Off-Topic tennis elbow.....?

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LukeV

Level 6 Valued Member
Regardless of the treatment approach, figure out what caused it and don't do that again or else you'll just get it straight back. I had bad elbow tendinitis for years and have posted here about it. You can search for my treatment. Good luck!
 

Kenny Croxdale

Level 6 Valued Member
sucks yes?

"Graston Technique"

A few years ago, I had Golfer's Elbow. It is the same as Tennis Elbow but on the opposite side of the arm.

A Dr. David Foster, a Sports Chiropractor, showed me how to use the "Graston Technique" at home. It cured my problem.

This treatment method is a bit painful but it works.

It cured my elbow problem in a little over a month.

Kenny Croxdale
 

SethRen

Level 4 Valued Member
Regardless of the treatment approach, figure out what caused it and don't do that again or else you'll just get it straight back. I had bad elbow tendinitis for years and have posted here about it. You can search for my treatment. Good luck!
I wish I could figure it out. I honestly don't know what's causing it.
 

Tails

Level 2 Valued Member
First post.

I've had golfers and tennis elbow and I've found heavy concentrics (lowering) helps loads. For this I lowered a weight with my hands rotating inwards. I used a weighted ice axe and I will explain all this but it's easier to tell you that a therabar works in the same way.
 

LukeV

Level 6 Valued Member
I wish I could figure it out. I honestly don't know what's causing it.

Herewith my post with some ideas:

I suffered from elbow tendinitis for years and after consulting with mountain climbers and gymnasts who are, in my experience, the tendinitis experts I got my problem under control.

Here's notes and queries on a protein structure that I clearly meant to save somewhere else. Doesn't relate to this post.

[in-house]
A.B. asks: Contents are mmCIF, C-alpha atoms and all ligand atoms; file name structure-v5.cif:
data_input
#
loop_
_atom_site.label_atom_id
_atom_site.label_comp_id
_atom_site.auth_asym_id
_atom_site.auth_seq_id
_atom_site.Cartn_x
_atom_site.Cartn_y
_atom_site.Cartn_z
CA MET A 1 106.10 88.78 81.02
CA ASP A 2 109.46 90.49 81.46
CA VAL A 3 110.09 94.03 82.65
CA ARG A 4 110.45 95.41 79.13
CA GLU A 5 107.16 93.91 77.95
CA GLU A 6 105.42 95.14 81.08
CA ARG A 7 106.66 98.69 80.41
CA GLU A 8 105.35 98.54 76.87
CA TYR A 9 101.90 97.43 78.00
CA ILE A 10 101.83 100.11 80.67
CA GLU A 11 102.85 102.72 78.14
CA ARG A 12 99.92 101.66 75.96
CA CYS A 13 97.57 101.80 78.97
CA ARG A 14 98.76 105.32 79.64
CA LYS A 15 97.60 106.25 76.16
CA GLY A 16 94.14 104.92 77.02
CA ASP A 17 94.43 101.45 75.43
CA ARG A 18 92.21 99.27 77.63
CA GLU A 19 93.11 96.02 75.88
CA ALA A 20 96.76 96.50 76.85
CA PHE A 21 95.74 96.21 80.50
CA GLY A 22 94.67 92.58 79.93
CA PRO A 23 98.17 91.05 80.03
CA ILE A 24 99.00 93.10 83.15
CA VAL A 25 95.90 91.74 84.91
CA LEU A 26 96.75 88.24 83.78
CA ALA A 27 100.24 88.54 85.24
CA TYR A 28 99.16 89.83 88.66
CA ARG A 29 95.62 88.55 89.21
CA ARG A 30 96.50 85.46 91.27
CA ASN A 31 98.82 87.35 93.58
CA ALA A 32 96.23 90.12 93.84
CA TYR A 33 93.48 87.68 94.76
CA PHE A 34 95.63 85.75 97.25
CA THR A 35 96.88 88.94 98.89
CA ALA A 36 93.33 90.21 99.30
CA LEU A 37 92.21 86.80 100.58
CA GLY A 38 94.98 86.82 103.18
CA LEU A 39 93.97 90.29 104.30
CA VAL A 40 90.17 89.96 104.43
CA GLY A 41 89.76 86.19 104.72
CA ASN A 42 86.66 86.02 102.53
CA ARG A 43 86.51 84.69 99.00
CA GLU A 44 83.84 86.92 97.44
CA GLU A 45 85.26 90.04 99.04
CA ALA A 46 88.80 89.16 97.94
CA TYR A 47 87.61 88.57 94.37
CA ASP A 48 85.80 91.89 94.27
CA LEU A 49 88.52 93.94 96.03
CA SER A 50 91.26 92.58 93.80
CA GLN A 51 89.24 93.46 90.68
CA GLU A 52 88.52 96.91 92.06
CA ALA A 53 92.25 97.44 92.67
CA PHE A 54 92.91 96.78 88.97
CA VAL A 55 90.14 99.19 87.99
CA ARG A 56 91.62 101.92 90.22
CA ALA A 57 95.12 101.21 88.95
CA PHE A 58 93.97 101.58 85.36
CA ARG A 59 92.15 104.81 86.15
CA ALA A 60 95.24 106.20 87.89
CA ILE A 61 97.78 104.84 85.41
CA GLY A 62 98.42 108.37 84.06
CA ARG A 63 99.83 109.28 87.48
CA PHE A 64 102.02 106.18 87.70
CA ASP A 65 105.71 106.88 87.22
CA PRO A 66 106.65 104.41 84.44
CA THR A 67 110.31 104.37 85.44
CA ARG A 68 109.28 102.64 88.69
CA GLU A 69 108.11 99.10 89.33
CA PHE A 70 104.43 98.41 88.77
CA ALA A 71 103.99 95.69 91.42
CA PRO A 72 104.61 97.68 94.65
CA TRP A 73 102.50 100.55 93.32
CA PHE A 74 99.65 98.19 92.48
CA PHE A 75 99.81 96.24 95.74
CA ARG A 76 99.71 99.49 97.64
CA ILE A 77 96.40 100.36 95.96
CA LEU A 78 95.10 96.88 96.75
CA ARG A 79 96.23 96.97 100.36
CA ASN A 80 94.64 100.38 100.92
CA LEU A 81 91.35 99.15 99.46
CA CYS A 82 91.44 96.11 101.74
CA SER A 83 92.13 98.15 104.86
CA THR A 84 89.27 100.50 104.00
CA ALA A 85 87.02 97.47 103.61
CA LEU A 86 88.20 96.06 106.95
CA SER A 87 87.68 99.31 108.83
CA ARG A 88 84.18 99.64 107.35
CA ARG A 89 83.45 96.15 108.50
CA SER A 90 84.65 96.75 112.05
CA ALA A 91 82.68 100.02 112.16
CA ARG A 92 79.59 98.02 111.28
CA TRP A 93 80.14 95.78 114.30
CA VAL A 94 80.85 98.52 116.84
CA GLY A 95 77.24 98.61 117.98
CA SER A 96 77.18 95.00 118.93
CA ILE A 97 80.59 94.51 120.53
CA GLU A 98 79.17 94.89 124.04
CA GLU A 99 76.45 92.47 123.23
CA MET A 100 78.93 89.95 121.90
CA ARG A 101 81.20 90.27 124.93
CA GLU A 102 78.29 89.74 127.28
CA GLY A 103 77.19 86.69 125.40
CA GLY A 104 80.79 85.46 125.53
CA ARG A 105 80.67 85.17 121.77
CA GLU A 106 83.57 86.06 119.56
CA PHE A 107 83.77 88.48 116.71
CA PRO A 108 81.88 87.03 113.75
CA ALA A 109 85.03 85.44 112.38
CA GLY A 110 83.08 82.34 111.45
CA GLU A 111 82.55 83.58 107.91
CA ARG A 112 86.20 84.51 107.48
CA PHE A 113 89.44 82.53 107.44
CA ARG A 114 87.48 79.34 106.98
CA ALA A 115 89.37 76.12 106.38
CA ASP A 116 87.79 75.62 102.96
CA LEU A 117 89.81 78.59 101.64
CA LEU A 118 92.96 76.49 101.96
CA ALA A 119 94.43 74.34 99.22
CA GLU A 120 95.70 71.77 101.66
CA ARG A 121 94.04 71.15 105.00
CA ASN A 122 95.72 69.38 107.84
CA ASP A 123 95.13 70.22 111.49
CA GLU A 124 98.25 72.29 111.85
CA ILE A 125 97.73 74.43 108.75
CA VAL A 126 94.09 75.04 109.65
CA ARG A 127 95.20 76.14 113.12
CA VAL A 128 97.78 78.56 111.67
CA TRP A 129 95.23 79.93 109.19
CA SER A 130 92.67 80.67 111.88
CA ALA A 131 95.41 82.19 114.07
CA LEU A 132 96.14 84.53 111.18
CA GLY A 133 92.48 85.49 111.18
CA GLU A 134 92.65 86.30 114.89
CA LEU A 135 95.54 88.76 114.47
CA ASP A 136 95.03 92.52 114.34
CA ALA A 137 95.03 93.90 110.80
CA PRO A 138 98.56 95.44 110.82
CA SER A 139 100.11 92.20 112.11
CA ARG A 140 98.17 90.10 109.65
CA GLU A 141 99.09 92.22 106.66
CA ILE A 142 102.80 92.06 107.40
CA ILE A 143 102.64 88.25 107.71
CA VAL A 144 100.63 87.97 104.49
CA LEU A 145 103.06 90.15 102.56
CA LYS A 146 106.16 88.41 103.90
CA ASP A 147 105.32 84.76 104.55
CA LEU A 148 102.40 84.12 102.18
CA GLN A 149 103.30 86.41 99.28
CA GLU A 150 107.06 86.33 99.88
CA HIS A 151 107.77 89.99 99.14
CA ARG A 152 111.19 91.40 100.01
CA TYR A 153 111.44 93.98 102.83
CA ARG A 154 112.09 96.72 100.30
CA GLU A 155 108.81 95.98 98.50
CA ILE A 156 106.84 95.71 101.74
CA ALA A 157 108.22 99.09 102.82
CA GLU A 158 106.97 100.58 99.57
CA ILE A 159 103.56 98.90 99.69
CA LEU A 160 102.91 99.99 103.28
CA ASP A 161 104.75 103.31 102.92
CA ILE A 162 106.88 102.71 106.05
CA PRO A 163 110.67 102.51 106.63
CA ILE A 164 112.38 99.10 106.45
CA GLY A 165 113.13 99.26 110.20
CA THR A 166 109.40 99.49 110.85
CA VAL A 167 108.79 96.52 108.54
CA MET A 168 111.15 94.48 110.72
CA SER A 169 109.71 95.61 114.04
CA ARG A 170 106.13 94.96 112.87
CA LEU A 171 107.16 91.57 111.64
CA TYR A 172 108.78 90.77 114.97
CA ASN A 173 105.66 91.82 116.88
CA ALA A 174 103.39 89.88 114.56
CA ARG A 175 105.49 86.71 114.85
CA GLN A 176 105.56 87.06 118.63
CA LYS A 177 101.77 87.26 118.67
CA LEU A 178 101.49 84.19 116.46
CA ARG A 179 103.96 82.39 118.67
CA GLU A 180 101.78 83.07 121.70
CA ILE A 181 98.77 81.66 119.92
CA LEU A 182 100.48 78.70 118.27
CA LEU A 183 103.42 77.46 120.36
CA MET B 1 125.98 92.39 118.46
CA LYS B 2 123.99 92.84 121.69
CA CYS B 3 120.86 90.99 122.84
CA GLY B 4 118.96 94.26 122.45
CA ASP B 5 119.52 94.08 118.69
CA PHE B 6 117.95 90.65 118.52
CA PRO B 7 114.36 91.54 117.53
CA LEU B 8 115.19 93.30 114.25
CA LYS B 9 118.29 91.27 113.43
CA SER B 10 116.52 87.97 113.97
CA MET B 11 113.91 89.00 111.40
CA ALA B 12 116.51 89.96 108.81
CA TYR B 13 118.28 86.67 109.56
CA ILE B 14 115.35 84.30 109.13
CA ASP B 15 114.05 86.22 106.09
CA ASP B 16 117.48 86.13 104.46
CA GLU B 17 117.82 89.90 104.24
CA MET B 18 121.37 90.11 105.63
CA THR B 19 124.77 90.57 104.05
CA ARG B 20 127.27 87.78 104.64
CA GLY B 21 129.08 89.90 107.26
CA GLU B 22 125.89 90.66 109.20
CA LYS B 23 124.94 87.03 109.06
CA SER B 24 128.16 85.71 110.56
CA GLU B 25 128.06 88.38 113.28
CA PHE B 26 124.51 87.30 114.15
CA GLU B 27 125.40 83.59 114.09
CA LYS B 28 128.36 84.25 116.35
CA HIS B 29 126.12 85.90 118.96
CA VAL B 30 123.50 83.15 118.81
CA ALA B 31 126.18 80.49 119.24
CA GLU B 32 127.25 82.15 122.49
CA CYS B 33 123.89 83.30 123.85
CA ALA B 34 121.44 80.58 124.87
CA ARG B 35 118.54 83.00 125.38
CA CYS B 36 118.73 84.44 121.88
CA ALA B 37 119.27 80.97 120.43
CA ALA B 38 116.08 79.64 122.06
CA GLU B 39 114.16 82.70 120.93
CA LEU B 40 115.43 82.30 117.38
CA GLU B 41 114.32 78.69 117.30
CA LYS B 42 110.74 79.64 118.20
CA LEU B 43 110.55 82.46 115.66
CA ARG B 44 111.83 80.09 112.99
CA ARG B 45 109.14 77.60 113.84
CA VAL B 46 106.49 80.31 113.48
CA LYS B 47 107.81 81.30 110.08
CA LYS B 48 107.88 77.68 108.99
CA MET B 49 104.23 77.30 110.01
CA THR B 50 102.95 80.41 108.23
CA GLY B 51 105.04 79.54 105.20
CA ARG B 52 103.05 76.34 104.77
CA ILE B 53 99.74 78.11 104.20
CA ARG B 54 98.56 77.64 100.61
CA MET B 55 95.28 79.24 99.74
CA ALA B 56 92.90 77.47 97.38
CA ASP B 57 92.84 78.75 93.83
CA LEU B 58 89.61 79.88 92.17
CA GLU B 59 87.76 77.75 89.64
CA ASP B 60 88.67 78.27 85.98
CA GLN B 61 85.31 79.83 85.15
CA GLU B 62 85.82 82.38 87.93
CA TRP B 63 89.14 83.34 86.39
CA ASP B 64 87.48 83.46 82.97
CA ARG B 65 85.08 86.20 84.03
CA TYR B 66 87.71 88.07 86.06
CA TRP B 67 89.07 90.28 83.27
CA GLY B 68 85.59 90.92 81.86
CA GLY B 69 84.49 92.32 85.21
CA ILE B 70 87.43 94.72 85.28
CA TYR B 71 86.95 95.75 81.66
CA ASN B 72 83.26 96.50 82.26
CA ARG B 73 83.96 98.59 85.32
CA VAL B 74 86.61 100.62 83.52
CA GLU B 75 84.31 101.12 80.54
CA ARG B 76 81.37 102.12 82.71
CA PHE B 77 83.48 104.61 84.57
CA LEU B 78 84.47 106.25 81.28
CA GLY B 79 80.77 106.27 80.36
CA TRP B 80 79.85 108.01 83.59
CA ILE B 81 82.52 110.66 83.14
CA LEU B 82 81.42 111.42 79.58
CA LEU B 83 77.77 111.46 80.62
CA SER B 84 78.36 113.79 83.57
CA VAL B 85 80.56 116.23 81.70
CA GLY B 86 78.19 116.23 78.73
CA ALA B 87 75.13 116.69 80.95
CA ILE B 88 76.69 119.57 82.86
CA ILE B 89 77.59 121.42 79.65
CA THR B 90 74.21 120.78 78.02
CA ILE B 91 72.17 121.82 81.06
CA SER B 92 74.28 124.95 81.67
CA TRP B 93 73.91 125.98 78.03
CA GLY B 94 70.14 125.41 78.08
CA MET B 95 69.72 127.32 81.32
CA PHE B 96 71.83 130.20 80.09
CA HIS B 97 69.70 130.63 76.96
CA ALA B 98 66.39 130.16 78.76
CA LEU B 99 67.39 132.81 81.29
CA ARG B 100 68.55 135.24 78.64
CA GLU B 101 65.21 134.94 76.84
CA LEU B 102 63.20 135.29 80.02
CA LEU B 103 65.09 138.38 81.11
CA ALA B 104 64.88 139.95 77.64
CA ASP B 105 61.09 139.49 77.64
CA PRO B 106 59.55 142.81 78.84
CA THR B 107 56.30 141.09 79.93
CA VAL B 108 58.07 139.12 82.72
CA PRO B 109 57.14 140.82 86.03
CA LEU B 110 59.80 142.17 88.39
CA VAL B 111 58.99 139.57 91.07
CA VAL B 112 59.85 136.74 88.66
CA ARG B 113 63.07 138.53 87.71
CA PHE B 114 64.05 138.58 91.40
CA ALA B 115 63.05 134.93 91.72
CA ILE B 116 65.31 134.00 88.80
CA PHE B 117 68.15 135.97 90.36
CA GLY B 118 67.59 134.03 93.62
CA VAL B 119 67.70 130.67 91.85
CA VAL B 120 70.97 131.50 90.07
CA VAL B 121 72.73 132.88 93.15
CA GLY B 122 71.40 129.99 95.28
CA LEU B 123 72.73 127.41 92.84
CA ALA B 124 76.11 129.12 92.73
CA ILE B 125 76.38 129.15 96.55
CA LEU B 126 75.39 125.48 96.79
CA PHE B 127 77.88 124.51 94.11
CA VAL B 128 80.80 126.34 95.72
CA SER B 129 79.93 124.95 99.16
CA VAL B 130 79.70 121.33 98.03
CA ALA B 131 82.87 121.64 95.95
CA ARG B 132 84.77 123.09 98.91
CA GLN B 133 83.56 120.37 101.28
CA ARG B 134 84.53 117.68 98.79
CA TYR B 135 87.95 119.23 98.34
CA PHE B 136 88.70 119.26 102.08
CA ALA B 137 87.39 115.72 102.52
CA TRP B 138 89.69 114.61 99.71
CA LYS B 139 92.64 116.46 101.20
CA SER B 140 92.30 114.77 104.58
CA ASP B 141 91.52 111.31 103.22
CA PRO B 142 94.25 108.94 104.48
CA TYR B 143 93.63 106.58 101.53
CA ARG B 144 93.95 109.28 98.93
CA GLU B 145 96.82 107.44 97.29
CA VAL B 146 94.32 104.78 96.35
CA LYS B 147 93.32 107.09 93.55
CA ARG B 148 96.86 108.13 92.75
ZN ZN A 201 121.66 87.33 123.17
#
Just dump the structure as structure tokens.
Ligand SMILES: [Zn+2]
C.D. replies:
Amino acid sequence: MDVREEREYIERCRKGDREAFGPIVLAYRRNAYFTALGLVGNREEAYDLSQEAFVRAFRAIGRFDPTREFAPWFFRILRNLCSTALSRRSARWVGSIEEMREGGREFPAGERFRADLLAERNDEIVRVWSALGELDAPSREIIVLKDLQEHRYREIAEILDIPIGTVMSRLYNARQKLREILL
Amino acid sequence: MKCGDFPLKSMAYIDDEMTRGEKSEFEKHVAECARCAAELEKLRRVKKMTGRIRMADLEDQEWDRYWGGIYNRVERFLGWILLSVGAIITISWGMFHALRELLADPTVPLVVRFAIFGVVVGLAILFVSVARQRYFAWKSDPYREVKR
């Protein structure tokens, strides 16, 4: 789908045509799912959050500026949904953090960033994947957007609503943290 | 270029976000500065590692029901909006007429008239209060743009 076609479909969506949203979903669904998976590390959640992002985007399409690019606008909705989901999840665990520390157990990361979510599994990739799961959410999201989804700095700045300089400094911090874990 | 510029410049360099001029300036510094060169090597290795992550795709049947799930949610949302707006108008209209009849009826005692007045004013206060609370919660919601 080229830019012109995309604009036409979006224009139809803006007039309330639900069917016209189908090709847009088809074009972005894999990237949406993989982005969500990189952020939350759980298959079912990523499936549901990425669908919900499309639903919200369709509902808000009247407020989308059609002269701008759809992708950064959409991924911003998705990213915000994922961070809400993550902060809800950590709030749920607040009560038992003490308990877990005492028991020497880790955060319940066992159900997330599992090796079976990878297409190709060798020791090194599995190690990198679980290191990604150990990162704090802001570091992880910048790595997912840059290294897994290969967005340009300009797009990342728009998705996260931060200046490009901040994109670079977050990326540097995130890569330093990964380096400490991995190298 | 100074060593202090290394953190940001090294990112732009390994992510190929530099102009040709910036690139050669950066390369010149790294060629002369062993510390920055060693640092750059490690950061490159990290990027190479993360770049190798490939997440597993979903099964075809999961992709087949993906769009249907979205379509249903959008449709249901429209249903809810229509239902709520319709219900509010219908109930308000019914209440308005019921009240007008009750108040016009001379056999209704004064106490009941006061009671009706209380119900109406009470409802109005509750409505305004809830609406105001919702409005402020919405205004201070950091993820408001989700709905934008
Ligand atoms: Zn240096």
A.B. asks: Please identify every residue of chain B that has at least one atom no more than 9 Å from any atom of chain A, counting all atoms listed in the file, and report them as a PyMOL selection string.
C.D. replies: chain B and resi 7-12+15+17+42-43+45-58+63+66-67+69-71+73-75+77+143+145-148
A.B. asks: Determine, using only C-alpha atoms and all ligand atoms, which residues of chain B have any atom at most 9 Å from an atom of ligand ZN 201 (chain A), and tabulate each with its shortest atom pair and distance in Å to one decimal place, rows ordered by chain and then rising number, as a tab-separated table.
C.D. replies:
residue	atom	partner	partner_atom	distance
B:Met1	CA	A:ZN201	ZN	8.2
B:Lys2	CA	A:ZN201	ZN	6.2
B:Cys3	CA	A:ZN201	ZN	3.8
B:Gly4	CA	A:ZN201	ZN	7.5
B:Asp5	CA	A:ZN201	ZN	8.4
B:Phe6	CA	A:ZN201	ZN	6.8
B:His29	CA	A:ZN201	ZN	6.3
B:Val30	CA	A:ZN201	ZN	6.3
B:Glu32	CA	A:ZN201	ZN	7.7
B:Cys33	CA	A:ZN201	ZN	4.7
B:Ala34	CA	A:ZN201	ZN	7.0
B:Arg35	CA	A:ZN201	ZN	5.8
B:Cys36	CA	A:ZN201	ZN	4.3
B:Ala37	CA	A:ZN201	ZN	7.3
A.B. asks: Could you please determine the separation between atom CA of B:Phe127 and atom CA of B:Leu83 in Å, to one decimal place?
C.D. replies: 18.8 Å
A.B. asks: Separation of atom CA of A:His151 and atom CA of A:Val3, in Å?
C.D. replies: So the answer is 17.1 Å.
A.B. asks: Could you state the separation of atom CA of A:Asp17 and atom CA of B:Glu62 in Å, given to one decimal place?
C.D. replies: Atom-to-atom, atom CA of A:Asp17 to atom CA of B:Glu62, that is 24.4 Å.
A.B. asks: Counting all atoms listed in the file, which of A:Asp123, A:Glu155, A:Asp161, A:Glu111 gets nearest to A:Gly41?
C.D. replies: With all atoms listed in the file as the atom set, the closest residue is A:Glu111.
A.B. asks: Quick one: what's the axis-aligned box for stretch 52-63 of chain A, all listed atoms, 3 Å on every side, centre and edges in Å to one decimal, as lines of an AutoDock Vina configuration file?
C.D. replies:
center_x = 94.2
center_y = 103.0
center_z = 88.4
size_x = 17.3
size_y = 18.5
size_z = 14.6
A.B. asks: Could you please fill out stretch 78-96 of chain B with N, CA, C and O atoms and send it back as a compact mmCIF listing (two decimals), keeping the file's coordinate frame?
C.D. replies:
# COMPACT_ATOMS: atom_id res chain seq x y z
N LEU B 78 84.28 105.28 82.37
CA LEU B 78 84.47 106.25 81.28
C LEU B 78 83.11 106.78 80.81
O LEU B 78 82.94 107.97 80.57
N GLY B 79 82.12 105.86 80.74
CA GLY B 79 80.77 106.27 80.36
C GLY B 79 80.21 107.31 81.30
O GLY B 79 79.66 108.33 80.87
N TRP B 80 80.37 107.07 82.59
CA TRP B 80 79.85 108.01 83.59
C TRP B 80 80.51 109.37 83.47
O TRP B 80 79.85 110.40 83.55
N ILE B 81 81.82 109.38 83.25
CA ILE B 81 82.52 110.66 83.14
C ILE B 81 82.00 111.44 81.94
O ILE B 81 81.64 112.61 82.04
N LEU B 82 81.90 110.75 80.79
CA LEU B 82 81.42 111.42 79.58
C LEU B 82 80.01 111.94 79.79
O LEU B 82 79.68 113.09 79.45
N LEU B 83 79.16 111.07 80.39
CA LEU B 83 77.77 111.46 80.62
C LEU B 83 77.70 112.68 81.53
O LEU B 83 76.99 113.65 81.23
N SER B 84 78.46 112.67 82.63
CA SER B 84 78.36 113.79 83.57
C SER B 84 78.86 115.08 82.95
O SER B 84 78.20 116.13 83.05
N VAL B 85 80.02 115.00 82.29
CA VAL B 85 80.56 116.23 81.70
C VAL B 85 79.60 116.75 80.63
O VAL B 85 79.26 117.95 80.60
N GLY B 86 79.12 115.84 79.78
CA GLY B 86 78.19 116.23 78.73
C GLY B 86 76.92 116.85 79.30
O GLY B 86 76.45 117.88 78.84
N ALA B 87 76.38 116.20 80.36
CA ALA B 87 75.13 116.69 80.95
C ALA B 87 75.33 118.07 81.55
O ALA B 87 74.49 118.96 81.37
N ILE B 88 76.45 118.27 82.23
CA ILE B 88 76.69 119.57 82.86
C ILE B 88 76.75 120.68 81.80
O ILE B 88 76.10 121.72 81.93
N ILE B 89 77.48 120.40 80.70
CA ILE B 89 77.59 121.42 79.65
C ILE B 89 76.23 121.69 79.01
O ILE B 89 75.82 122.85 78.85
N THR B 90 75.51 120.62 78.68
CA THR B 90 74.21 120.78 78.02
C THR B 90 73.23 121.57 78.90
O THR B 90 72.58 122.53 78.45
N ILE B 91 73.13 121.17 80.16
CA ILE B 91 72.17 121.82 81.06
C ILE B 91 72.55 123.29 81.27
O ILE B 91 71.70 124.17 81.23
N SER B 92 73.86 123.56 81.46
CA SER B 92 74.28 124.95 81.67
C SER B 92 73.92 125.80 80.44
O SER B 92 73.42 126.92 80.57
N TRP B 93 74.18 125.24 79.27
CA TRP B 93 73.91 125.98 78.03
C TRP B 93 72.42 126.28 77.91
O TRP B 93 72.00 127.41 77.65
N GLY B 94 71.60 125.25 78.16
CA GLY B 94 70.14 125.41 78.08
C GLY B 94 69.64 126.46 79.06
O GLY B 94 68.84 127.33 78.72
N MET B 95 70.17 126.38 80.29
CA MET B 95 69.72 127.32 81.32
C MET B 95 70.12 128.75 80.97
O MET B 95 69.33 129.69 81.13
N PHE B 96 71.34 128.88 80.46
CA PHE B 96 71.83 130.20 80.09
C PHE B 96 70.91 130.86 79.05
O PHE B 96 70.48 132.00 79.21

1. Do not rest the joint but avoid any exercise that aggravates the injury. Experiment with changed exercises, range of motion, rep ranges, frequency, rest periods etc whatever it takes to keep exercising without pain. For example I stopped bench pressing and switched to floor press then board press, seated row changed ROM so elbows stopped at my sides rather than bar at my chest, changed v bar to wide bar, dropped weight to lift 15+ reps, stopped chin ups for a while then reintroduced with neutral grip and stopping with eyes level with the bar etc. Check wrist position throughout the course of the exercise to ensure the wrist stays straight and in line with the elbow and weight, use neutral grip wherever possible or reverse grip, exercises that cause the wrist to flex (such as using v bars or ez bar) or pull on an angle (such as seated row pulled to chest rather than stomach) greatly increase the load on the elbow tendons.
2. If pain occurs stop what you are doing immediately. Never try and exercise through the pain. Any aggravation sets back healing
3. Aggressive use of anti-inflammatories at any sign of pain. This includes higher than OTC recommended dosages. Talk to your doctor. Mine was relaxed about me doubling the daily dose of ibuprofen for a time
4. Massage of the forearm muscles and tendons. I just used to roll my forearms up and down on all angles using one of my fat gripz

Good luck!
 

SethRen

Level 4 Valued Member
Herewith my post with some ideas:

I suffered from elbow tendinitis for years and after consulting with mountain climbers and gymnasts who are, in my experience, the tendinitis experts I got my problem under control.

1. Do not rest the joint but avoid any exercise that aggravates the injury. Experiment with changed exercises, range of motion, rep ranges, frequency, rest periods etc whatever it takes to keep exercising without pain. For example I stopped bench pressing and switched to floor press then board press, seated row changed ROM so elbows stopped at my sides rather than bar at my chest, changed v bar to wide bar, dropped weight to lift 15+ reps, stopped chin ups for a while then reintroduced with neutral grip and stopping with eyes level with the bar etc. Check wrist position throughout the course of the exercise to ensure the wrist stays straight and in line with the elbow and weight, use neutral grip wherever possible or reverse grip, exercises that cause the wrist to flex (such as using v bars or ez bar) or pull on an angle (such as seated row pulled to chest rather than stomach) greatly increase the load on the elbow tendons.